>
    >
    >>It seems to me that if the web/mail server connected to the samba server on
    >>the local lan then someone who got into the web/mail server could utilize
    >>this to get into the lan, but if I have the mail/web server sharing the
    >>files then that may open up more vulnerabilities on the mail/web server.

    >
    >
    > This sounds as if you are running the mail server on some windoze platform
    > which really isn't the greatest idea ever. As it may.
    >
    > Basic concepts: 1. "Outsiders" should have the most limited access to hosts
    > in the DMZ - to get files, web pages, etc. ONLY. 2. No host in the DMZ can
    > make a connection to the inside. ALL connections to the DMZ should be from
    > outside of the DMZ - from the LAN for administration, from the world to
    > serve files/web/whatever. 3. Hosts within the DMZ should permit connections
    > to other hosts in the DMZ only as absolutely needed. 4. Hosts in the DMZ
    > should NOT be running any application not absolutely needed to perform the
    > tasks they are supposed to do. In a paranoid world, no host should be
    > offering more than one service. Thus, should someone gain control of a DMZ
    > host, they are limited in what they can do. 5. If you are really, really
    > paranoid, hosts in the DMZ are run from read-only media, and only dynamic
    > content (files, web pages, etc. that is being frequently changed) being on
    > read-write media. In a *nix type O/S, the dynamic media can be mounted
    > read-only normally, and remounted read-write when updating the files.
    >
    > The safest rule for backup of a DMZ is that the DMZ doesn't retain originals.
    > That is, for a file, web, or DNS server located in the DMZ, the server has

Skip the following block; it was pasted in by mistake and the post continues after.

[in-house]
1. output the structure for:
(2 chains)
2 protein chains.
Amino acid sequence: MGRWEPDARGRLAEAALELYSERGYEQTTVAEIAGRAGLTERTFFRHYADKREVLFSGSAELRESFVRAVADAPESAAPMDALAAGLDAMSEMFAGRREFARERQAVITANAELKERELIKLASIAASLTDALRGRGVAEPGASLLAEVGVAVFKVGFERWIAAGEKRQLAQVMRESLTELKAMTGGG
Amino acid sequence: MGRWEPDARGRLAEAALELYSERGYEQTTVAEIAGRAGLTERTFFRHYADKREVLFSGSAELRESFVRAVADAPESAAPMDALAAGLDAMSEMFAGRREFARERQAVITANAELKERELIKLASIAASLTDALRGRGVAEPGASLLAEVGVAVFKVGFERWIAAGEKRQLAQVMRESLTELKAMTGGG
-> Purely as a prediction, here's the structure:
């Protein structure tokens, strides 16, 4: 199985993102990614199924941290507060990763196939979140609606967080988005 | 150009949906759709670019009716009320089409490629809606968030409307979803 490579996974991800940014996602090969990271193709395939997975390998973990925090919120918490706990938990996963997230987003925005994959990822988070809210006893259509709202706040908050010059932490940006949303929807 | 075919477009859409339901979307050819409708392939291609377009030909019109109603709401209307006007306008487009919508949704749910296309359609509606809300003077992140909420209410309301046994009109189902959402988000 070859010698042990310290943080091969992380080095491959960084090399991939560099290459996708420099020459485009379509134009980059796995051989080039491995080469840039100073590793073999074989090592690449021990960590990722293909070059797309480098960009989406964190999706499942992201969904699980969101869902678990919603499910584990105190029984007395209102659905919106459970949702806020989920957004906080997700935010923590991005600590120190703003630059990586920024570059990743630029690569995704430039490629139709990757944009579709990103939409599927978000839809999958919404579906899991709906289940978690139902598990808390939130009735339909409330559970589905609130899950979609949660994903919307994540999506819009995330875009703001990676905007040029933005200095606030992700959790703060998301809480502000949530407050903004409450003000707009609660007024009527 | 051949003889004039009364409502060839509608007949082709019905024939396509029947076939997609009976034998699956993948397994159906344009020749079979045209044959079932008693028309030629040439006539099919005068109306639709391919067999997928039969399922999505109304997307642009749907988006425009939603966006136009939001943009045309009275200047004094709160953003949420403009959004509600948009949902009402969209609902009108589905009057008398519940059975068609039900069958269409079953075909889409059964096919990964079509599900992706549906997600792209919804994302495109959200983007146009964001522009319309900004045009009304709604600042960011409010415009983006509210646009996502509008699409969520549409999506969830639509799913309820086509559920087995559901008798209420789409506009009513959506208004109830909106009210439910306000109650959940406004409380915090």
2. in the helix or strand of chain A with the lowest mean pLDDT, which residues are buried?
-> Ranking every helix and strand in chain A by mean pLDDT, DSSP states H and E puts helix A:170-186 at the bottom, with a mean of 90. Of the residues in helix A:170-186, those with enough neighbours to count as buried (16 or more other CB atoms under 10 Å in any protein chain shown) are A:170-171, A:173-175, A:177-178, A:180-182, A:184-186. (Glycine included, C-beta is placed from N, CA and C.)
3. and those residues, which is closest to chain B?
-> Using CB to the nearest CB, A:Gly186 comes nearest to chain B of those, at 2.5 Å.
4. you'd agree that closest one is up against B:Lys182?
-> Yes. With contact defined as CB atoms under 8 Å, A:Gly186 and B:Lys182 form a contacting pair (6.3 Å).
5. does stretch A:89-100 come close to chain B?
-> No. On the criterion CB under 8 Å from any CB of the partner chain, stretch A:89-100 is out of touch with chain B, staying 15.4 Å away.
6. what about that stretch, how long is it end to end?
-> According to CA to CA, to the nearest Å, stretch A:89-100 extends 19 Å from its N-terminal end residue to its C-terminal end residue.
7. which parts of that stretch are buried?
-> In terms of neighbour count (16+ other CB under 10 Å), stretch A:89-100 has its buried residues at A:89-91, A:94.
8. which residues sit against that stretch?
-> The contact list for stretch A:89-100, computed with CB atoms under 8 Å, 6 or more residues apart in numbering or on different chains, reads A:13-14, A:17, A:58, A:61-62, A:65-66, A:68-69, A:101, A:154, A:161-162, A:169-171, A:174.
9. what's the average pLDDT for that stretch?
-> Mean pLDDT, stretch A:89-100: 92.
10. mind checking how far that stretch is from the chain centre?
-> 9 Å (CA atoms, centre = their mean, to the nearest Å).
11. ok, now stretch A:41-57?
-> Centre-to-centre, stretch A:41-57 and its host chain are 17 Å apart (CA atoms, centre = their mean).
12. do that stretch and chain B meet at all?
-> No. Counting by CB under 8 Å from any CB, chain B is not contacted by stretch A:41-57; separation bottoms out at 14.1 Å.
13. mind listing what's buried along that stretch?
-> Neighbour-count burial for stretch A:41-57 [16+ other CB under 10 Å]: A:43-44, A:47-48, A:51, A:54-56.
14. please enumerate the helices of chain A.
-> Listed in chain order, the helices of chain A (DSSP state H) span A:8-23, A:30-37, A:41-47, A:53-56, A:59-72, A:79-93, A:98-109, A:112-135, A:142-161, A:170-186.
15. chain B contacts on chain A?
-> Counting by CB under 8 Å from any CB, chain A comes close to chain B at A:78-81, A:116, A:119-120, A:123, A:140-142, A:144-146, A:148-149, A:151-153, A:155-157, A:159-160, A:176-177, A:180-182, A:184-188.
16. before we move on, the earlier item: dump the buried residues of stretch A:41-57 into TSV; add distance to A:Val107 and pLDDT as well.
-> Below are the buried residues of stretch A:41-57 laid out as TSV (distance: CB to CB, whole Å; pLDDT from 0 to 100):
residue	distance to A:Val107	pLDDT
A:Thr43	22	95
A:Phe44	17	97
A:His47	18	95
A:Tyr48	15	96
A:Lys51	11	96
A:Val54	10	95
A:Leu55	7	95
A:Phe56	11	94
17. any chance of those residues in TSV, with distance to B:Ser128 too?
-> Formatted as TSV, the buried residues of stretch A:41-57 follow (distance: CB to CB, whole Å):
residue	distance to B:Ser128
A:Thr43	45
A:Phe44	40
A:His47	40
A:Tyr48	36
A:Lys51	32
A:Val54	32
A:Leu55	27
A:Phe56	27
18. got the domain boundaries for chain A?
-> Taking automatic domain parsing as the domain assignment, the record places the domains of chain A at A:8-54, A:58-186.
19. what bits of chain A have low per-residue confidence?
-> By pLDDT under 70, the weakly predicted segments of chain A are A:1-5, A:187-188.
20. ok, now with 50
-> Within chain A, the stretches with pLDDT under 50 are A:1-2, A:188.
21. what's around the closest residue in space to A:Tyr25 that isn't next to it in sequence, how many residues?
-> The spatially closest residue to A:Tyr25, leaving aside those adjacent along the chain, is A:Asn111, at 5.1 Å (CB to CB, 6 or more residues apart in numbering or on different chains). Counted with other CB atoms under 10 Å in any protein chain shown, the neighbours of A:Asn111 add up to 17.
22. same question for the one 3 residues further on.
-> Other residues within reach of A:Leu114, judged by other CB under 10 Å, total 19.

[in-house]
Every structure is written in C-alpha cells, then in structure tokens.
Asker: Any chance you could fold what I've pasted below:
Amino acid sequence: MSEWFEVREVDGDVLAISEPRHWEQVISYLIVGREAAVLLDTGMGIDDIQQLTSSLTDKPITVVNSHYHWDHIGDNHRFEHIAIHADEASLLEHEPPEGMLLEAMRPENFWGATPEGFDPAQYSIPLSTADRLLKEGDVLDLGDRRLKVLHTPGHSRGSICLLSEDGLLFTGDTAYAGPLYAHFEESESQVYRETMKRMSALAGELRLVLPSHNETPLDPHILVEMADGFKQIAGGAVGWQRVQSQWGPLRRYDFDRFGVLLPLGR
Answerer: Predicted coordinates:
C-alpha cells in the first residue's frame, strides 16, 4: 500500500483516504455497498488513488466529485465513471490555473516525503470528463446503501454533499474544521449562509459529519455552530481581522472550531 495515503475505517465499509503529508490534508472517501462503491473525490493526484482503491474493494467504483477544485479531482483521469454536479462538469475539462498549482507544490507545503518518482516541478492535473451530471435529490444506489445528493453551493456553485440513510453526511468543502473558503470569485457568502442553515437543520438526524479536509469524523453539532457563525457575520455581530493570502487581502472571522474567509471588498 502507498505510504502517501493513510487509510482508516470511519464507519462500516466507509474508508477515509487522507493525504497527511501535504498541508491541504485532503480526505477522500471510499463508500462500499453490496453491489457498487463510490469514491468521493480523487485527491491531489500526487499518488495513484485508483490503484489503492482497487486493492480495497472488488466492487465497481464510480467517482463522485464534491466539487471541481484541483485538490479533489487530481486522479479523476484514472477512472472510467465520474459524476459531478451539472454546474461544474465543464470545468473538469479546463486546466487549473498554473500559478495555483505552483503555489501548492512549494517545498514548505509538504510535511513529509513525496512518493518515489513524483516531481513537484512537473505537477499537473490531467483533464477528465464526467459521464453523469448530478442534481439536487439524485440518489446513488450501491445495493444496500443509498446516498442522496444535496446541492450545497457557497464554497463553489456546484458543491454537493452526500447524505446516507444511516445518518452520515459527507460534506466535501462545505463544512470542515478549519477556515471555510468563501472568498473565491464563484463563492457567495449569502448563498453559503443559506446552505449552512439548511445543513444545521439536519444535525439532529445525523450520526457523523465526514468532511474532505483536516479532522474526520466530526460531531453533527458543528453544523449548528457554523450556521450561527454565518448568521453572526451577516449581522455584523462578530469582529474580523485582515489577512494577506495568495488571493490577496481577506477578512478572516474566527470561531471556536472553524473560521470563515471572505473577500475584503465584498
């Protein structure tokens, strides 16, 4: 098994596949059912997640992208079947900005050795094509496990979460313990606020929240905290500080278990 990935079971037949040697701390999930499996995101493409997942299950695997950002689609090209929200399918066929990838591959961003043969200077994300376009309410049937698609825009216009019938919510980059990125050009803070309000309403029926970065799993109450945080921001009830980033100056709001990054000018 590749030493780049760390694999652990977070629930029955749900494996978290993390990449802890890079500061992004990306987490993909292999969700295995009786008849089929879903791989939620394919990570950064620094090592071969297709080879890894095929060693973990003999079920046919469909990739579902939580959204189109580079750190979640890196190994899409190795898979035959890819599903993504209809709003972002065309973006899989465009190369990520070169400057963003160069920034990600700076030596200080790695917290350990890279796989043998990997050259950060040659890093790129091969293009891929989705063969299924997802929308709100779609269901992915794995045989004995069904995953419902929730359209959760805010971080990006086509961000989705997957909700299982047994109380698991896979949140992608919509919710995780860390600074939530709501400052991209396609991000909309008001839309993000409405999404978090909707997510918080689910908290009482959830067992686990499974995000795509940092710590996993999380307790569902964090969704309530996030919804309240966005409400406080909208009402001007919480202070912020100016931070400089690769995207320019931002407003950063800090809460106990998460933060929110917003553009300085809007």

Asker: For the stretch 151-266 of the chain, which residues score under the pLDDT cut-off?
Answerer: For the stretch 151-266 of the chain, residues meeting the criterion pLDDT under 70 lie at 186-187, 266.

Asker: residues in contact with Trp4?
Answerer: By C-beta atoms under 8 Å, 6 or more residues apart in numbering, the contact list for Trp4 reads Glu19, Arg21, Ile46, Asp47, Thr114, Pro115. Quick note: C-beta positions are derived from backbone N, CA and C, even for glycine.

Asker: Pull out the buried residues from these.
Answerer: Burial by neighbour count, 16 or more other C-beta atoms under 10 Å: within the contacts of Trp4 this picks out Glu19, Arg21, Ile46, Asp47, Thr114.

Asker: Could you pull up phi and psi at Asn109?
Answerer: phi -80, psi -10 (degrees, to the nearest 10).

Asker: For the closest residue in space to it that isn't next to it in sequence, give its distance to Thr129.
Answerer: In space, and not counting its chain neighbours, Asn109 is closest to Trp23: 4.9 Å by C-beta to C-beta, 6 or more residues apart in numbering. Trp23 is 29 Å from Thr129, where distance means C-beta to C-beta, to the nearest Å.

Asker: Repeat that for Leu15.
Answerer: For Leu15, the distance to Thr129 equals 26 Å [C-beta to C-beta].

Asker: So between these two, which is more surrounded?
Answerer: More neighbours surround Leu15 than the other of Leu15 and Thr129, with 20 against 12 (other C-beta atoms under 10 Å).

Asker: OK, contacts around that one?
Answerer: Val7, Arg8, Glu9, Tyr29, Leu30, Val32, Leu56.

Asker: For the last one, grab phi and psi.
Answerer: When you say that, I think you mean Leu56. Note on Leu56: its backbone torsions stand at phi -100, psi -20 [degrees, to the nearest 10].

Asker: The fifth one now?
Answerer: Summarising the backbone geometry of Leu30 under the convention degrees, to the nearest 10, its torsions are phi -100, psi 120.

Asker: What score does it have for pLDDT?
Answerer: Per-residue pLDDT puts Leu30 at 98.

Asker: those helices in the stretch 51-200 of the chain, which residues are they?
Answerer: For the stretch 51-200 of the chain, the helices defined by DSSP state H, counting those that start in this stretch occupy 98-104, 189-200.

> "working" files, that have been copied from the source server that is located
    > on the _inside_ LAN. For a mail server, it accepts INCOMING SMTP mail, and
    > relays it to an internal mail server where distribution actually occurs. The
    > internal mail server uses the DMZ server as a SmartHost to relay internally
    > sourced mail to the outside. "Internal" to "internal" mail never leaves the
    > internal LAN for ANY reason. The DMZ mail server has to know about all
    > internal mail accounts that are allowed to accept external mail, and REJECT
    > all other mail at the SMTP "Receipt to:' stage. It should NEVER accept all
    > mail, with the expectation of returning undeliverable mail to the "claimed"
    > source. The mail server should be the only host on the DMZ that is allowed
    > to initiate connections to the inside, and the rules should permit only
    > transfer from a high port on the DMZ mail server to port 25 on the internal
    > mail server (or if you are really paranoid, the internal mail server needs